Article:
US President George W. Bush was among the possible targets in threats recorded by New Zealand police who have arrested 17 people in an anti-terrorist sweep, a report said Sunday.
New Zealand Prime Minister Helen Clark and opposition leader John Key were also discussed as potential targets, the Sunday Star-Times said quoting intelligence sources.
Washington is said to have agreed to let New Zealand police handle the investigation, the report said.
Clark and Key have both confirmed they were briefed by police ahead of last week's police raids but would not comment on whether they were possible targets.
Earlier this year Bush and wife Laura were tipped to make a brief visit to New Zealand at the conclusion of a summit of Asia-Pacific nations in Sydney in September.
US Embassy spokeswoman Janine Burns declined to comment on whether any threat to Bush was a factor in his decision not to go to New Zealand.
The police operation, following a 22-month investigation into alleged terrorist training camps, had been treated with widespread scepticism in New Zealand.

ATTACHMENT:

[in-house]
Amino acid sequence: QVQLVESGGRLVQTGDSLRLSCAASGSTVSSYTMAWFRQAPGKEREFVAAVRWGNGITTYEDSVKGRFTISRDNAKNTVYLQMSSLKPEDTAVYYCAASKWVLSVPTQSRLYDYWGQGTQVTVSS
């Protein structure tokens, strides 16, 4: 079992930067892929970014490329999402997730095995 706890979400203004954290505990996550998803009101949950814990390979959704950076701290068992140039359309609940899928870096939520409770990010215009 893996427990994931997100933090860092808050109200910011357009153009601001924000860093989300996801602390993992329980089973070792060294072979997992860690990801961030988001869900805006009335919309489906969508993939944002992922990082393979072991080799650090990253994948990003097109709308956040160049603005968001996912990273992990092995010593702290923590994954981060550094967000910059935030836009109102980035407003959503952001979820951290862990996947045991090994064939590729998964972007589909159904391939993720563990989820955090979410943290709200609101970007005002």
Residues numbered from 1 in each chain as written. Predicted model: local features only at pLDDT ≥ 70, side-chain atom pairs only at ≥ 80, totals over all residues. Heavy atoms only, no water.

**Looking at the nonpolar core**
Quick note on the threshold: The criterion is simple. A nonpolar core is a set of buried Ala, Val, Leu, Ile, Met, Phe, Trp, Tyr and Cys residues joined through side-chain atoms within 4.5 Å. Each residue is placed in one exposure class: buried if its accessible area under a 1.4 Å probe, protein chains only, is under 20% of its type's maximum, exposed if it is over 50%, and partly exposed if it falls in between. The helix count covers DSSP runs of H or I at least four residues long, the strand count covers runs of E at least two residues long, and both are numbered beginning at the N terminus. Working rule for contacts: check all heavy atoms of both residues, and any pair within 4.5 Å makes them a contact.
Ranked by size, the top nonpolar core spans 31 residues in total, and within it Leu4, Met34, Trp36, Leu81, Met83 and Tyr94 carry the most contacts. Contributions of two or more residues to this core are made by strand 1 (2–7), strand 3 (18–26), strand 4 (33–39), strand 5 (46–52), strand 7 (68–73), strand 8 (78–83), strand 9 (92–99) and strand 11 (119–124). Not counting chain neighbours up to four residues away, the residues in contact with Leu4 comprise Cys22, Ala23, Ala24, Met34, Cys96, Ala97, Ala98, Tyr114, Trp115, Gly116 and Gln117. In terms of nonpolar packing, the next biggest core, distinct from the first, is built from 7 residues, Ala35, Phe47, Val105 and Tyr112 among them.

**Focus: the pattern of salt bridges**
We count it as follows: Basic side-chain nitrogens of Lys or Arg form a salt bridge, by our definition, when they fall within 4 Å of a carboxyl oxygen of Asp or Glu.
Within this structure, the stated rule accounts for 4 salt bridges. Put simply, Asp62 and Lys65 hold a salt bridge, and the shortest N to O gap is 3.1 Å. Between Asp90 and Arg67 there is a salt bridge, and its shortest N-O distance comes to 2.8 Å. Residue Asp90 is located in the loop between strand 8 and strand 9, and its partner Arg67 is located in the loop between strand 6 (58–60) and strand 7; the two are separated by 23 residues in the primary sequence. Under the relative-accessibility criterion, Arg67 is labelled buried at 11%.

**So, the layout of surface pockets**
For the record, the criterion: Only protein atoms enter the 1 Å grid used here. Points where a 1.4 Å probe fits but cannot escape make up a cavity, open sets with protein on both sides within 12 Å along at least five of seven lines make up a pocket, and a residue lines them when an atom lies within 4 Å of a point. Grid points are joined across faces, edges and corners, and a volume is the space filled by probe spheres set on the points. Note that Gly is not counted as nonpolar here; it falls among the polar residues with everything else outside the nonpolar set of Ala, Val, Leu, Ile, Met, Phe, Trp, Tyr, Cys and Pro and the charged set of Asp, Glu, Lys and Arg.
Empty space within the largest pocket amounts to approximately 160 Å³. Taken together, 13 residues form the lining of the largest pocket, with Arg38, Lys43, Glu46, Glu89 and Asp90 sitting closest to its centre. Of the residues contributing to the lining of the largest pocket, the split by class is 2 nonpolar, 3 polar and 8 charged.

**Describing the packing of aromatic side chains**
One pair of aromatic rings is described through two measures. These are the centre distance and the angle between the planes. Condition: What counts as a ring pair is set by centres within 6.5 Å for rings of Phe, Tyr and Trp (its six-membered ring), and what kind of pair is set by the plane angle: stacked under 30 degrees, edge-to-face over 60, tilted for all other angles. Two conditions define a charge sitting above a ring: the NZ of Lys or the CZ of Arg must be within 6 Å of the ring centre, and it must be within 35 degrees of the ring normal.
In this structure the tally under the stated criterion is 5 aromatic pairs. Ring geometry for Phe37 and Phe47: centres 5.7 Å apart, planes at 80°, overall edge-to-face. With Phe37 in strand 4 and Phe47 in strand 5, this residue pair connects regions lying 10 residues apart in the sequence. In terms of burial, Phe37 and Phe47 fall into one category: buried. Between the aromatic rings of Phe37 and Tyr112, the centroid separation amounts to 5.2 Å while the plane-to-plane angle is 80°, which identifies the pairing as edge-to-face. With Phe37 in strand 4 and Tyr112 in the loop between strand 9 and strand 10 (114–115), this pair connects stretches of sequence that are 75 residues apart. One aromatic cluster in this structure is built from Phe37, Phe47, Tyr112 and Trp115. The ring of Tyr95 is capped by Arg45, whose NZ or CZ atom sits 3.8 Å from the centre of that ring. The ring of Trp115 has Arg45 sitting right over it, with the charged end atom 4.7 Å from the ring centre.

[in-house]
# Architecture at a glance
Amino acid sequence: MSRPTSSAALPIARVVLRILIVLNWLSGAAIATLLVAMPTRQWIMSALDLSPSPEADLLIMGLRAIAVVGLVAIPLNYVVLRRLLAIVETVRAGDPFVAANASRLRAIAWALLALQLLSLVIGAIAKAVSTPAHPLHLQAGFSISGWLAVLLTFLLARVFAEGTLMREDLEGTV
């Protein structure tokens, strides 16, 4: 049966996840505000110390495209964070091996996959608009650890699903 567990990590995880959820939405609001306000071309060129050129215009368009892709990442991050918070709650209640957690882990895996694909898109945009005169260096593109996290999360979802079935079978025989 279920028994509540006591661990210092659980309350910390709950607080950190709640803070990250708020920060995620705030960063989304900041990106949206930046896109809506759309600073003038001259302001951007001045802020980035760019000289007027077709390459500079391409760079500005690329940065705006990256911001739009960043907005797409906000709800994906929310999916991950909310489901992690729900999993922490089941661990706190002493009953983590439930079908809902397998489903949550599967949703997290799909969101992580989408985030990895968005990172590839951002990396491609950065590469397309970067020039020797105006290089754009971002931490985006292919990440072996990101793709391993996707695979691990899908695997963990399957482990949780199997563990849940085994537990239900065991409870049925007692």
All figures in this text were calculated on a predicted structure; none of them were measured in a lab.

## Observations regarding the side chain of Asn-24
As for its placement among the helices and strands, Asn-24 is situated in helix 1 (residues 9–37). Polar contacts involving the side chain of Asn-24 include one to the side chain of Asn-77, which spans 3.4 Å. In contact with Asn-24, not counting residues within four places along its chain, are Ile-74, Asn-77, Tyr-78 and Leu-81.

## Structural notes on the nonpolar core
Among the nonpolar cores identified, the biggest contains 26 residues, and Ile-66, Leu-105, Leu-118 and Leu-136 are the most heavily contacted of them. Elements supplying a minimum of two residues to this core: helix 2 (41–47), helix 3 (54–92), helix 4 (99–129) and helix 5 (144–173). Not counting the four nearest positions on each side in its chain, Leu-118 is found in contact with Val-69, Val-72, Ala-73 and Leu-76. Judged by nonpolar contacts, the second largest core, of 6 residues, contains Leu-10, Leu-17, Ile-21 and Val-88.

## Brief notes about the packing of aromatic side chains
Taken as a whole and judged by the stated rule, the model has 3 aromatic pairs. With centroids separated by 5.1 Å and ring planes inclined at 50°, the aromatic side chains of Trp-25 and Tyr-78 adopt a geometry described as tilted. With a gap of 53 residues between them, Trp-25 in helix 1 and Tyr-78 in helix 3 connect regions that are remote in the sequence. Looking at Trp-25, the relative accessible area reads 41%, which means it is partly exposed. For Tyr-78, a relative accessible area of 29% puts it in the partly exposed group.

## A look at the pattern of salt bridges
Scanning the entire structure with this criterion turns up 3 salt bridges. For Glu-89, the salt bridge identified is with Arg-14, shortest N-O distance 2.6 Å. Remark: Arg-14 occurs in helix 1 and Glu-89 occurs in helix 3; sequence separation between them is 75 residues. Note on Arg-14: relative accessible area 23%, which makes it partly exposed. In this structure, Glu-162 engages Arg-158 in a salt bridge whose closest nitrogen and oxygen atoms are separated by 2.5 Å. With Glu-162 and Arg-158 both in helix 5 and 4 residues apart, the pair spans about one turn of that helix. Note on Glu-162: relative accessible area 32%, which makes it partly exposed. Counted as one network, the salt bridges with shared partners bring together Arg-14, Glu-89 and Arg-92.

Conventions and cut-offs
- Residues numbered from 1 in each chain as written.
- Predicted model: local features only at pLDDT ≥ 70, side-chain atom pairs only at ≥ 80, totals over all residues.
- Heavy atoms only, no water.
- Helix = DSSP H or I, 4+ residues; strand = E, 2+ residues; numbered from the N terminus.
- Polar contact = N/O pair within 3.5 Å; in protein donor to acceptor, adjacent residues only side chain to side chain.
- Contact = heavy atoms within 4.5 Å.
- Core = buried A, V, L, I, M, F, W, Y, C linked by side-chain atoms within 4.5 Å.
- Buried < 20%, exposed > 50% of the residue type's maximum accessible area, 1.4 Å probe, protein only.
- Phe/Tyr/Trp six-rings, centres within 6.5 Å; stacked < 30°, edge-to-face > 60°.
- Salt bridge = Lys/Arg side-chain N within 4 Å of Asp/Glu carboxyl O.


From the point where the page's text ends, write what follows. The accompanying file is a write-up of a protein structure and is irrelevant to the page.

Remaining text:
However, Police Association president Greg O'Connor said the public should withhold judgment until the full facts of the case emerge.
He said the operation had been "triggered by credible intelligence of a serious threat to New Zealand's safety and security" and was a reality check for people who considered homegrown terrorism to be laughable.
But the Herald on Sunday newspaper said that activist Jamie Lockett, one of the 17 people arrested, claimed incriminating text and phone messages had been deliberately sent to wind up police who had been bugging his phone.
During a bail hearing for Lockett last week, prosecutors said he had sent a series of text messages saying he intended to launch a war.
The messages, intercepted by police, were said to include "White men are going to die in this country" and "I'm declaring war on this country very soon."
During the raids, police seized several weapons, including AK-47s, and other military equipment.
Most of those arrested face firearms charges with police considering whether further charges will be laid under anti-terrorism laws.
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The Nazis, Fascists and Communists were political parties before they became enemies of liberty and mass murderers.